How can you decide that the needy in society should have to be forced to live in squalor and that the chains of poverty should be tightened because "if the middle classes can do it, so can the poor!"? They cannot afford it. But if they want to escape poverty or move to an area with more jobs (honestly, it takes like a minute to Google areas of the UK with high unemployment and low jobs. They exist. Your doubt that they exist is naive.) then old eighty says "no! All circumstances are the same. You should save up your wage. You could live with your parents who are close to retirement and live on the verge of poverty."


It must be wonderful to be so wealthy that you don't encounter the poor.

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PostRe: [DISCUSSION] The Politics Thread
by Karl » Mon Sep 29, 2014 1:59 pm

I might agree that in broad principle that "Johnny B'stard" shouldn't get a free flat, but in all practicality I would favour - infinitely - a system that granted Housing Benefit to a few Mr. B'stards but didn't miss any of the Ms. Being-Rapeds or Mr. Beaten-Every-Days out there.

When you start tightening rules and being selective, those in genuine need start to fall through the system. If we sliced the bureaucracy and gave reasonable benefits to - more or less - all those who asked, would we have such a problem with homelessness in our cities? Would we still have people using food banks, or sleeping in their cars?

The average poor person isn't lazy - they're just poor. Let's recognise that, stop demonising our working class, and start helping people out of poverty. Sure, we would need to make some changes - build more houses, stop spending money on bombing large stretches of Asia, that kind of thing - but I think it would be well worthwhile.

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PostRe: [DISCUSSION] The Politics Thread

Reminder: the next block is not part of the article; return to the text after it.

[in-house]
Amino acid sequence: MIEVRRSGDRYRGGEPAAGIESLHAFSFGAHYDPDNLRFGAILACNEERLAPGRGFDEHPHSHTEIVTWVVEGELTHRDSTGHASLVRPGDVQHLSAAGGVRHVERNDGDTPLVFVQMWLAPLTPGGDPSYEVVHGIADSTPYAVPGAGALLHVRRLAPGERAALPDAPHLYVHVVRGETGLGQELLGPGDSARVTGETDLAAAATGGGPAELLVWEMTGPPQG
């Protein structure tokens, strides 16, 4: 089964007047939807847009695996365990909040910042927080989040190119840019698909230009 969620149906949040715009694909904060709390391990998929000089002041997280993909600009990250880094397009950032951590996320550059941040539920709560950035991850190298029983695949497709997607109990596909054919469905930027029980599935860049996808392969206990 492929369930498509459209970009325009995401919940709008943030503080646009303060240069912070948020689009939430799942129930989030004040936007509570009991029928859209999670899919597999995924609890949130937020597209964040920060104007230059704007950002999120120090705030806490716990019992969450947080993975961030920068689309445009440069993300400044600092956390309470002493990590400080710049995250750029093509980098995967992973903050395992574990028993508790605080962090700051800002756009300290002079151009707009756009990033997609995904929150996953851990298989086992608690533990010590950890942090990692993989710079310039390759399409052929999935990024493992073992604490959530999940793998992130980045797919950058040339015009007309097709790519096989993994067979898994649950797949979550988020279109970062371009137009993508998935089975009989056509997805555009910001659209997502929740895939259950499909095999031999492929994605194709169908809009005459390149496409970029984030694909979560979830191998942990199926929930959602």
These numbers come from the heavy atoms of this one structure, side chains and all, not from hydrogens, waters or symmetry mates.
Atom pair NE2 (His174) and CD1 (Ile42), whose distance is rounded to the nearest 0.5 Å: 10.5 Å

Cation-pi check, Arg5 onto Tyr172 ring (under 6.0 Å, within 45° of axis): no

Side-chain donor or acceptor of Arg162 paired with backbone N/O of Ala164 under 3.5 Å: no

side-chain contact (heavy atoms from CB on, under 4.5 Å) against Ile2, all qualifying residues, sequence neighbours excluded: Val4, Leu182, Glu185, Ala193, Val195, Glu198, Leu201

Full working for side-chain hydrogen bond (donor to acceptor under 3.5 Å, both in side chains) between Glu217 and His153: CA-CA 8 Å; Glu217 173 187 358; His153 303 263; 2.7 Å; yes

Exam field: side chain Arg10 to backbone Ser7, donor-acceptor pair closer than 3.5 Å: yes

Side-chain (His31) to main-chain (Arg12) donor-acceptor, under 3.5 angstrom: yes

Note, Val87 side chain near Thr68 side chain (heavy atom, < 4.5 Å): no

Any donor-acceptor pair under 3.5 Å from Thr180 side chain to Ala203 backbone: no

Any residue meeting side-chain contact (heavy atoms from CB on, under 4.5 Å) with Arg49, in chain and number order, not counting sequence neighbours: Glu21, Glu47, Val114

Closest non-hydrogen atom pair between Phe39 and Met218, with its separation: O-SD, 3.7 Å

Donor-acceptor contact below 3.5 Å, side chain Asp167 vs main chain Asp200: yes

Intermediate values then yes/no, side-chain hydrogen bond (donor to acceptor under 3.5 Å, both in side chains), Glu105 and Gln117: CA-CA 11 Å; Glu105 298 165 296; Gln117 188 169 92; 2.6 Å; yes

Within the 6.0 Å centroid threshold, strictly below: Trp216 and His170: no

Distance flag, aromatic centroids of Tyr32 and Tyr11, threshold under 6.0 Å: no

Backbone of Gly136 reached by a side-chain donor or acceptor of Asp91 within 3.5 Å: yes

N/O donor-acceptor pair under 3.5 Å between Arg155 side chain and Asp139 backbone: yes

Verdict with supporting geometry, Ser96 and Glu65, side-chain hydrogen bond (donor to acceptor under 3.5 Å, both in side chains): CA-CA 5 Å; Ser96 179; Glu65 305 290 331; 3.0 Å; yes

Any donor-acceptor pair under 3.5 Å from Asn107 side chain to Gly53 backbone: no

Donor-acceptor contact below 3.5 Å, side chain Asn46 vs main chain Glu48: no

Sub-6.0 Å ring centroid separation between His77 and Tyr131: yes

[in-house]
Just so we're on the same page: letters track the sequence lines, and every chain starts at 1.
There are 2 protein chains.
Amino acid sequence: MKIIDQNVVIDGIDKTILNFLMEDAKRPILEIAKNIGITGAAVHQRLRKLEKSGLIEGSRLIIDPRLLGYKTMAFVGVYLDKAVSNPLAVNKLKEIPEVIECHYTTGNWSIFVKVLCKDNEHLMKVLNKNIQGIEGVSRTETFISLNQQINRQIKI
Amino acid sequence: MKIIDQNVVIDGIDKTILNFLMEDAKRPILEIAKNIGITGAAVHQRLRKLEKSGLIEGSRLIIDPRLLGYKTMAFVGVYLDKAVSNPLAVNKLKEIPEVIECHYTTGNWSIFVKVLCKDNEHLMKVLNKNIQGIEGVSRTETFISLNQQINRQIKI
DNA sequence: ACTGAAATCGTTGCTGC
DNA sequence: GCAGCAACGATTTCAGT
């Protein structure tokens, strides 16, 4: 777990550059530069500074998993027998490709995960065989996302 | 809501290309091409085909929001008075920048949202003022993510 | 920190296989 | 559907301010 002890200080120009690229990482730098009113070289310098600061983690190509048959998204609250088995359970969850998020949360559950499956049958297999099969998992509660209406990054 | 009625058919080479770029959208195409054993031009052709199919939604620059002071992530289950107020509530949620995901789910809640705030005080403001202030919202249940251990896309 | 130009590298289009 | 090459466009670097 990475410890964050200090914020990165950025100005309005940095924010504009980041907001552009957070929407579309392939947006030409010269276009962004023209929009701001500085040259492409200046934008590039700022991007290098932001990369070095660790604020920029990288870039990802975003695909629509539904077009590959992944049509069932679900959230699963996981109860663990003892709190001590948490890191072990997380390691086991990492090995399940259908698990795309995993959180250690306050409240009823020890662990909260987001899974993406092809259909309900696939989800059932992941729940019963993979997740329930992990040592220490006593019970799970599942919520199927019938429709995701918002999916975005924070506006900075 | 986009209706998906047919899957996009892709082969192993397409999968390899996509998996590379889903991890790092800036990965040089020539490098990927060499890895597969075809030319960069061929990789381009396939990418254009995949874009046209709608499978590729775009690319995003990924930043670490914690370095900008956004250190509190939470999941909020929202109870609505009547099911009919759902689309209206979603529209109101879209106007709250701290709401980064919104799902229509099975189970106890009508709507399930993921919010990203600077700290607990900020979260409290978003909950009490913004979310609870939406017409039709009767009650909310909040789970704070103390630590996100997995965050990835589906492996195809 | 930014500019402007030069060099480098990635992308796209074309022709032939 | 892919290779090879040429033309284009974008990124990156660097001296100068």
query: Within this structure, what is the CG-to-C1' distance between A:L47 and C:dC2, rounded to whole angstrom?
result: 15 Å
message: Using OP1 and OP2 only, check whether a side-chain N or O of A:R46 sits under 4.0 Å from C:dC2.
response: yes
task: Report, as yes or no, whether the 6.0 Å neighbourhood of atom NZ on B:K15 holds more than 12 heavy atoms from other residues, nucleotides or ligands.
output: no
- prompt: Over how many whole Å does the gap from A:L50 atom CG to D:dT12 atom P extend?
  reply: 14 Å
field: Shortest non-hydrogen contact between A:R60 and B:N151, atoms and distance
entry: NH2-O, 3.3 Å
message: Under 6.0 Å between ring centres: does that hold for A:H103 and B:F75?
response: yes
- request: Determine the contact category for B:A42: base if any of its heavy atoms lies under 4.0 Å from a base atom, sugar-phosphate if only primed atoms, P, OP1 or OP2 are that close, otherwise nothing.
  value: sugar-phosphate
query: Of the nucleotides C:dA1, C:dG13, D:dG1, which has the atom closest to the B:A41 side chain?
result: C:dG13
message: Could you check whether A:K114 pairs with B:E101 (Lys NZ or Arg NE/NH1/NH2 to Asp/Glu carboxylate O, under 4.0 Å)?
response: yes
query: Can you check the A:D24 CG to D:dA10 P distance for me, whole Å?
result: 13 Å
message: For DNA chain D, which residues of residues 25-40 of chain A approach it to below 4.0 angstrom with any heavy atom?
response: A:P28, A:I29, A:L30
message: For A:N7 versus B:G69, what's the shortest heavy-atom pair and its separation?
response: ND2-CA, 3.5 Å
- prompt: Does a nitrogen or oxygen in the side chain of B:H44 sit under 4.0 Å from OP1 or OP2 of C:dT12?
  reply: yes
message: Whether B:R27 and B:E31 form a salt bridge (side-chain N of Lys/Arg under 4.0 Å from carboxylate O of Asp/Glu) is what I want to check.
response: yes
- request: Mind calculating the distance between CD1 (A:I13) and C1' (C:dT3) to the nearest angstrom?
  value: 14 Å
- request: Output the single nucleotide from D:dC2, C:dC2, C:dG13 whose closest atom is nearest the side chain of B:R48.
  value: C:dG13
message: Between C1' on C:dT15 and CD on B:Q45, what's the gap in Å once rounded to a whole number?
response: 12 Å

by Eighthours » Mon Sep 29, 2014 2:05 pm

[iup=3577354]Moggy[/iup] wrote:
[iup=3577333]Eighthours[/iup] wrote:But I haven't suggested a blanket ban. Normal Johnny IS the argument because there has to be a starting point somewhere in the spectrum between every 18-21 year old being entitled to housing benefit, and no 18-21 year olds being entitled to housing benefit.


Yes you did.

I live in Bristol. There are absolutely fuckloads of jobs here, and no reason why any 18-21 year old who lives in a bad area in this city should be given a flat when they could stay at home and travel to work until they can afford their own place.




I think we actually broadly agree on the issue of that lazy sod Johnny B’stard who just wants a free flat so he can entertain ladies without his mummy knowing about it. That’s why the exceptions (and there are many) are so important in an issue like this.


Sorry, FE. I thought the obvious exceptions (ie. abusive homes) would be taken as a given, but I should have made that clear. My bad.

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PostRe: [DISCUSSION] The Politics Thread
by Stugene » Mon Sep 29, 2014 2:06 pm

"Let's cut benefits for the young and poor whilst getting rid of tax for the old and rich"
- Motto of the Conservative Party

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PostRe: [DISCUSSION] The Politics Thread
by Fatal Exception » Mon Sep 29, 2014 2:13 pm

[iup=3577373]Eighthours[/iup] wrote:
[iup=3577354]Moggy[/iup] wrote:
[iup=3577333]Eighthours[/iup] wrote:But I haven't suggested a blanket ban. Normal Johnny IS the argument because there has to be a starting point somewhere in the spectrum between every 18-21 year old being entitled to housing benefit, and no 18-21 year olds being entitled to housing benefit.


Yes you did.

I live in Bristol. There are absolutely fuckloads of jobs here, and no reason why any 18-21 year old who lives in a bad area in this city should be given a flat when they could stay at home and travel to work until they can afford their own place.




I think we actually broadly agree on the issue of that lazy sod Johnny B’stard who just wants a free flat so he can entertain ladies without his mummy knowing about it. That’s why the exceptions (and there are many) are so important in an issue like this.